Skip to main content
Open Access Publications from the University of California

UC Irvine

UC Irvine Previously Published Works bannerUC Irvine

Appendicular Muscle Physiology and Biomechanics in Crocodylus niloticus.


Archosaurian reptiles (including living crocodiles and birds) had an explosive diversification of locomotor form and function since the Triassic approximately 250 million years ago. Their limb muscle physiology and biomechanics are pivotal to our understanding of how their diversity and evolution relate to locomotor function. Muscle contraction velocity, force, and power in extinct archosaurs such as early crocodiles, pterosaurs, or non-avian dinosaurs are not available from fossil material, but are needed for biomechanical modeling and simulation. However, an approximation or range of potential parameter values can be obtained by studying extant representatives of the archosaur lineage. Here, we study the physiological performance of three appendicular muscles in Nile crocodiles (Crocodylus niloticus). Nile crocodile musculature showed high power and velocity values-the flexor tibialis internus 4 muscle, a small "hamstring" hip extensor, and knee flexor actively used for terrestrial locomotion, performed particularly well. Our findings demonstrate some physiological differences between muscles, potentially relating to differences in locomotor function, and muscle fiber type composition. By considering these new data from a previously unstudied archosaurian species in light of existing data (e.g., from birds), we can now better bracket estimates of muscle parameters for extinct species and related extant species. Nonetheless, it will be important to consider the potential specialization and physiological variation among muscles, because some archosaurian muscles (such as those with terrestrial locomotor function) may well have close to double the muscle power and contraction velocity capacities of others.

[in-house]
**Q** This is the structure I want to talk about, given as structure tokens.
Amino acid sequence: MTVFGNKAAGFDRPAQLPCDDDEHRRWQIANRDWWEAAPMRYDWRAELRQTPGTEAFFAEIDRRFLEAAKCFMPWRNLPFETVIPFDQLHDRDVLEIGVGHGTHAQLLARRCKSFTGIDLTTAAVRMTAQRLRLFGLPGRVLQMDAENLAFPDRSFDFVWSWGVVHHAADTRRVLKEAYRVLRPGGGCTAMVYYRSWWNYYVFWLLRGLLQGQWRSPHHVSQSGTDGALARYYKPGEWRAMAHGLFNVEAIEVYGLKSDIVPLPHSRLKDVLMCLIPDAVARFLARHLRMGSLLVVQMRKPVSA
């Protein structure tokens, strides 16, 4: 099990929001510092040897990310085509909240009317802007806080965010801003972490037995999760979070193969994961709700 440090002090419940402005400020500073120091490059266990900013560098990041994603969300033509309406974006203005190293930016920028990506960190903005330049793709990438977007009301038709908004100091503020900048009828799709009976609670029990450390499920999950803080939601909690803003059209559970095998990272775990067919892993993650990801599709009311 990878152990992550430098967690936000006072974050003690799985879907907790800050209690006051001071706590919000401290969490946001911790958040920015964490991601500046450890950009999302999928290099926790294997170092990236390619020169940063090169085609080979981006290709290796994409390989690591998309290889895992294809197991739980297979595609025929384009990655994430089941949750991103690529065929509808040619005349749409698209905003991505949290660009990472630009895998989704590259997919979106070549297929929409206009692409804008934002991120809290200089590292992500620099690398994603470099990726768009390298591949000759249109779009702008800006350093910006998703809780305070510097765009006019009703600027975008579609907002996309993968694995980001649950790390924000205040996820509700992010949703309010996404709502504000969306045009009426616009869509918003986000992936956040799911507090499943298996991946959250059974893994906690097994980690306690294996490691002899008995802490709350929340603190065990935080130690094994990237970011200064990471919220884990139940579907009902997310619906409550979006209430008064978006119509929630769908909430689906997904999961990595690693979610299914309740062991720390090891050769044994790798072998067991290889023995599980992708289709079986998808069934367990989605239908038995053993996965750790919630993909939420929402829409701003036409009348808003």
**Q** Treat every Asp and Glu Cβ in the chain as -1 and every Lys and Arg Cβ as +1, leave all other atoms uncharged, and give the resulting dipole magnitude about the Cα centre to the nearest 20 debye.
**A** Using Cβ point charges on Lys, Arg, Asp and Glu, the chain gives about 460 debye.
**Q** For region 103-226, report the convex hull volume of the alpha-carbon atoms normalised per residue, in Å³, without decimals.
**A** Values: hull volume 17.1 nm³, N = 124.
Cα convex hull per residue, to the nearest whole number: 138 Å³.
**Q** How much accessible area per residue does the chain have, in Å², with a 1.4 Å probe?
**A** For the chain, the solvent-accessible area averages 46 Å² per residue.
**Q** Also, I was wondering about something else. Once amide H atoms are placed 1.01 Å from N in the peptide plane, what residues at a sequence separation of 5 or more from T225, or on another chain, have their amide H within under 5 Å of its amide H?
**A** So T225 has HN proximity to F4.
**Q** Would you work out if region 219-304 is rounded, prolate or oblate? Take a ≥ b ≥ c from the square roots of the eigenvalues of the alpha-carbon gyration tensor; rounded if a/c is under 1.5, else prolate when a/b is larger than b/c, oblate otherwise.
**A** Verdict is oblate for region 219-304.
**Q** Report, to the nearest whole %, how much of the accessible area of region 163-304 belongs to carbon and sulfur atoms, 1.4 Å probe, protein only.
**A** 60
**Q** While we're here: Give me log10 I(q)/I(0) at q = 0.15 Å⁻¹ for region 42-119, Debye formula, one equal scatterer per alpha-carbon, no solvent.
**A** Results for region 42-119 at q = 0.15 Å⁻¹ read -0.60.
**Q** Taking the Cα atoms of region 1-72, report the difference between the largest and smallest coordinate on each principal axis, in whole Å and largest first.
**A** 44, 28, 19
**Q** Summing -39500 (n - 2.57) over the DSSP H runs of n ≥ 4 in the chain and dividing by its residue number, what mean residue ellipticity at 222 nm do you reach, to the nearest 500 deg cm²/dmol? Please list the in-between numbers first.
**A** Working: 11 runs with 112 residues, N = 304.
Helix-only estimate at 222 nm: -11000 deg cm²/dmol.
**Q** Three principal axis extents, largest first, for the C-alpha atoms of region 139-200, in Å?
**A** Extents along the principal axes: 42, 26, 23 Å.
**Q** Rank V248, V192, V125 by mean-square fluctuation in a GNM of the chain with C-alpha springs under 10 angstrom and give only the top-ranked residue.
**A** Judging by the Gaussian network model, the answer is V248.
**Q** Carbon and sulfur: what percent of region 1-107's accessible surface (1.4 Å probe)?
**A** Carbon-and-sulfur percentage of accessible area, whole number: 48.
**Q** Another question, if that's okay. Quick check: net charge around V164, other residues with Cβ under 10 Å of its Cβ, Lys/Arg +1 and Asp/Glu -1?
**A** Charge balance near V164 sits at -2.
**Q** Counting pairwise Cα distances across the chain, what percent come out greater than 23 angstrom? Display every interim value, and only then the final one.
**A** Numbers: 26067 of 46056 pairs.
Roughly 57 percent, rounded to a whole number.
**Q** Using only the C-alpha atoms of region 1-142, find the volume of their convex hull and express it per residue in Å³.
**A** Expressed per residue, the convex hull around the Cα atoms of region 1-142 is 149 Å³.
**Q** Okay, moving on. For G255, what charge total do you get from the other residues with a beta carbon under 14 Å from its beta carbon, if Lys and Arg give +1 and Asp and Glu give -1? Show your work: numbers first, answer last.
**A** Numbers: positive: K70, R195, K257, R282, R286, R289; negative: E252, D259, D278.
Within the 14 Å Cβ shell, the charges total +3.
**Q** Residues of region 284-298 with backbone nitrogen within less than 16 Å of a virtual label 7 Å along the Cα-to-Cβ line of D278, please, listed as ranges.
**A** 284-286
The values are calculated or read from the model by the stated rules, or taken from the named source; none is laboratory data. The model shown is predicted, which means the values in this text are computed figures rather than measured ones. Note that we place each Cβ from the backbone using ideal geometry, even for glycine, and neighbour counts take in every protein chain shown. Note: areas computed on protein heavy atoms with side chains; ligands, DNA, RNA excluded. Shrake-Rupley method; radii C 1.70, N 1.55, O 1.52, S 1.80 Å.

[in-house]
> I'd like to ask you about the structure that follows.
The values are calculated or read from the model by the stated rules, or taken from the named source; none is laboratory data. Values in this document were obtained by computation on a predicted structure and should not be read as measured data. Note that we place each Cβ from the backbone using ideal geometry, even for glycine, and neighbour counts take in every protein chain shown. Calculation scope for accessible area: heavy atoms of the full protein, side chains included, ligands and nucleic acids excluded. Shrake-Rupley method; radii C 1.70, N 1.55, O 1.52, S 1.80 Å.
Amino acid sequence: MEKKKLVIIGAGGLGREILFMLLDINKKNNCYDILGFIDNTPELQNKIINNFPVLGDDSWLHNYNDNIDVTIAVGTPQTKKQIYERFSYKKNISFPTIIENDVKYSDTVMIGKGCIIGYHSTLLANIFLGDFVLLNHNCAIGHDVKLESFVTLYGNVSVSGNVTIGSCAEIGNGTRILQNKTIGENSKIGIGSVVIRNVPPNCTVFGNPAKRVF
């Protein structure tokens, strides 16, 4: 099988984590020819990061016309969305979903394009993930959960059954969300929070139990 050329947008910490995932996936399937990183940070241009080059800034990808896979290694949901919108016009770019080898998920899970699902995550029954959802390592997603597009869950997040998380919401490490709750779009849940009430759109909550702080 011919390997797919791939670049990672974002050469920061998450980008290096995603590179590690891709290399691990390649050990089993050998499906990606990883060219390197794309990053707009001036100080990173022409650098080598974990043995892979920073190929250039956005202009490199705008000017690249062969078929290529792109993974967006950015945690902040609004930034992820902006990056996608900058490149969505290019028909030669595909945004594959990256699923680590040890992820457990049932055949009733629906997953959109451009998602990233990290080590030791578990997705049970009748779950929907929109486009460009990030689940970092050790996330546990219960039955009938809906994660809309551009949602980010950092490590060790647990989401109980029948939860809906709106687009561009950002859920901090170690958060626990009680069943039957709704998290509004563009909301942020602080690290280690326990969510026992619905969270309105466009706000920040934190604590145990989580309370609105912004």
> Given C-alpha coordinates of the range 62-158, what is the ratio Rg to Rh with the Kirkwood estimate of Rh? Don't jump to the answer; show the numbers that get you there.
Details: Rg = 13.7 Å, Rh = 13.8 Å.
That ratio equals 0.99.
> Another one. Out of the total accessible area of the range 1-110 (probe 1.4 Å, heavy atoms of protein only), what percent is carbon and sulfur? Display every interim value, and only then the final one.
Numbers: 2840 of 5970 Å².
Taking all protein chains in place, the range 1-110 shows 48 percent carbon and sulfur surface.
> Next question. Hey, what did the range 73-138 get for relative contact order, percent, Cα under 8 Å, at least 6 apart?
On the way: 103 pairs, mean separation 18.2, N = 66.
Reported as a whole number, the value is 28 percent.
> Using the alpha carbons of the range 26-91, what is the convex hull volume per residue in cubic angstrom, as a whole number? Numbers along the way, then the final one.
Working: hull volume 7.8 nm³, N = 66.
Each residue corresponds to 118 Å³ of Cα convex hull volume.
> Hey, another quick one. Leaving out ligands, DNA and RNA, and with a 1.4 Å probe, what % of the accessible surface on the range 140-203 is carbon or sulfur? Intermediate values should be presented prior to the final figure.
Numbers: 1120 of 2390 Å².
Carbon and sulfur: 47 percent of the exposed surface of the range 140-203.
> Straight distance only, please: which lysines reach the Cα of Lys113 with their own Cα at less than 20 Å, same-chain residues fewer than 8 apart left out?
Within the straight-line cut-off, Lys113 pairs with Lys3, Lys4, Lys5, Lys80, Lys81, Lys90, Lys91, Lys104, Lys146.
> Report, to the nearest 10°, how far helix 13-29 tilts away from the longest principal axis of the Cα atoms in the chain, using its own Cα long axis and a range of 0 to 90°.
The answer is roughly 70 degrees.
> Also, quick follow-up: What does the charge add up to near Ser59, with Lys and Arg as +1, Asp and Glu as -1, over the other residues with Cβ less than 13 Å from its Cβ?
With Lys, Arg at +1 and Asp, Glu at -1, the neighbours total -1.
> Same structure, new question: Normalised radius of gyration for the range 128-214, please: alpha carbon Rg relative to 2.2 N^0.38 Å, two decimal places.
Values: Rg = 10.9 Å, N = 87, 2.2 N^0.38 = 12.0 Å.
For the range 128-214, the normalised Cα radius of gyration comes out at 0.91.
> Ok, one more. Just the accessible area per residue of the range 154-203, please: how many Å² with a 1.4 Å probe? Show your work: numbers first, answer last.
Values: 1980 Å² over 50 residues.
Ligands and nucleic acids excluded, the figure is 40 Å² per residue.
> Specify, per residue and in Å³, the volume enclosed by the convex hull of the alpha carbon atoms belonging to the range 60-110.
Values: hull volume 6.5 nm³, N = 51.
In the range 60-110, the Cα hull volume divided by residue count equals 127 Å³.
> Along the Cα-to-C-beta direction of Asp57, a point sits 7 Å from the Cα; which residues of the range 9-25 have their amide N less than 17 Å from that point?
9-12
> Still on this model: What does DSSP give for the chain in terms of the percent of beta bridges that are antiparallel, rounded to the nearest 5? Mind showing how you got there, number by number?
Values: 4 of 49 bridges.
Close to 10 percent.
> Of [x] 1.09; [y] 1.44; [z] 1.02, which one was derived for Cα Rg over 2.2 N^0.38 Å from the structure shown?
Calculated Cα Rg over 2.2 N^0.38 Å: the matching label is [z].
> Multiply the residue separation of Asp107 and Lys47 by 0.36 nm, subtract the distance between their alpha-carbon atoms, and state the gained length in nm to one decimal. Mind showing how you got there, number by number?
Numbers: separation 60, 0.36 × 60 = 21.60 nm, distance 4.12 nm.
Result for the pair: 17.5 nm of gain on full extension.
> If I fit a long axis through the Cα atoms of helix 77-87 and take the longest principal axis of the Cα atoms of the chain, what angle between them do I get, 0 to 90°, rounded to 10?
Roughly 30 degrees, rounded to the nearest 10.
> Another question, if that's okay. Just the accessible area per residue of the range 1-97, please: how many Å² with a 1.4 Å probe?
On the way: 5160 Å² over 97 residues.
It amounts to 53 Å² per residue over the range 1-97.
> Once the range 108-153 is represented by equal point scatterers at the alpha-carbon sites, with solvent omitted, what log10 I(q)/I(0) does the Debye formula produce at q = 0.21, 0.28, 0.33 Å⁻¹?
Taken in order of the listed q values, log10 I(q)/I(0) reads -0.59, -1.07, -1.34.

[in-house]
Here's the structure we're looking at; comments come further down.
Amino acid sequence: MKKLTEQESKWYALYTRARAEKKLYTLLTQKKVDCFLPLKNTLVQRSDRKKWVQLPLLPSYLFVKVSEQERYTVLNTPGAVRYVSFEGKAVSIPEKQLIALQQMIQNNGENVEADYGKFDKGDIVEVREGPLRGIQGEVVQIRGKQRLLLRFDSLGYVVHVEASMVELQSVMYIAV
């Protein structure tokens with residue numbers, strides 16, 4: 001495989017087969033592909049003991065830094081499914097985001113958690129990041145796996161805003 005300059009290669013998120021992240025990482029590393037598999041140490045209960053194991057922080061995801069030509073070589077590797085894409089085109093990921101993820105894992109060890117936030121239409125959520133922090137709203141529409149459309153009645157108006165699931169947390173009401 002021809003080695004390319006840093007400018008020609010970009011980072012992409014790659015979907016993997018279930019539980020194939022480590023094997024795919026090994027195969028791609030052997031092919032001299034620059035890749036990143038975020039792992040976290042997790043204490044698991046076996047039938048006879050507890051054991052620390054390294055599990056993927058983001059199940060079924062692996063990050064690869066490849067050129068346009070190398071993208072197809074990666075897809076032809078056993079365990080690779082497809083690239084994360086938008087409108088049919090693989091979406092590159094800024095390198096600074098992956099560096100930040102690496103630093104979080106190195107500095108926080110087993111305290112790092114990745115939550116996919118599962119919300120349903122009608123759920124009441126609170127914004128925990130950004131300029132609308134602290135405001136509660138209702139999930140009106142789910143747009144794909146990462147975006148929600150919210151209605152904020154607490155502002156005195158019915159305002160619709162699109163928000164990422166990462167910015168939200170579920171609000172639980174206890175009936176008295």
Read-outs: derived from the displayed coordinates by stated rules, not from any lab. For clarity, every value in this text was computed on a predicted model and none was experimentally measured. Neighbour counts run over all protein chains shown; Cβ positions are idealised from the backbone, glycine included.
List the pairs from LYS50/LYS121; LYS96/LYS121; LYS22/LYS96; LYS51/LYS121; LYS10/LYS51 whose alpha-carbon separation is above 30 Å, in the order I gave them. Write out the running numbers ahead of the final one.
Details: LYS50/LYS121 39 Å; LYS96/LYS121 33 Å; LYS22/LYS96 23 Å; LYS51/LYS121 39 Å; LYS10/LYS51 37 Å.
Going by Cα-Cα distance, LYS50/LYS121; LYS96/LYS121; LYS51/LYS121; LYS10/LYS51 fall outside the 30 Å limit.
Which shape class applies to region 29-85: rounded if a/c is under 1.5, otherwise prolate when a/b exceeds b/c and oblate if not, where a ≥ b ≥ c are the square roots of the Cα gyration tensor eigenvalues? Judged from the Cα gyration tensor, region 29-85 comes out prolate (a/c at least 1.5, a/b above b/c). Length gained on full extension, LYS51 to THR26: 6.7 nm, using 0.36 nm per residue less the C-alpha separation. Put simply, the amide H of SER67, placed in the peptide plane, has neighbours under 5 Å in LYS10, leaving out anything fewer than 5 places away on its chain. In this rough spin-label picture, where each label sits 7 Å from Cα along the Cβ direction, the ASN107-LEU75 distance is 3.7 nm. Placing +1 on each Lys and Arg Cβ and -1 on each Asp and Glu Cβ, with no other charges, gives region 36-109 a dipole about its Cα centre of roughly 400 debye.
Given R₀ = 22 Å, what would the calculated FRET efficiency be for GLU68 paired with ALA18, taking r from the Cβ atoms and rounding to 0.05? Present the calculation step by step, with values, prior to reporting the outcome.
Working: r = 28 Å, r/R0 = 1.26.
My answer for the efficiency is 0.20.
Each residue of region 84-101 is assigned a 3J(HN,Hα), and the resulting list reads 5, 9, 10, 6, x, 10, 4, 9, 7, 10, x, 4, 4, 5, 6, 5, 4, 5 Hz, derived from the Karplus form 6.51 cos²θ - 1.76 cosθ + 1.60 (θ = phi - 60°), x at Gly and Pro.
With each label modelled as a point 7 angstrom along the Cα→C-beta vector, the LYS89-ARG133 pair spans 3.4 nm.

Many UC-authored scholarly publications are freely available on this site because of the UC's open access policies. Let us know how this access is important for you.

Main Content
For improved accessibility of PDF content, download the file to your device.
Current View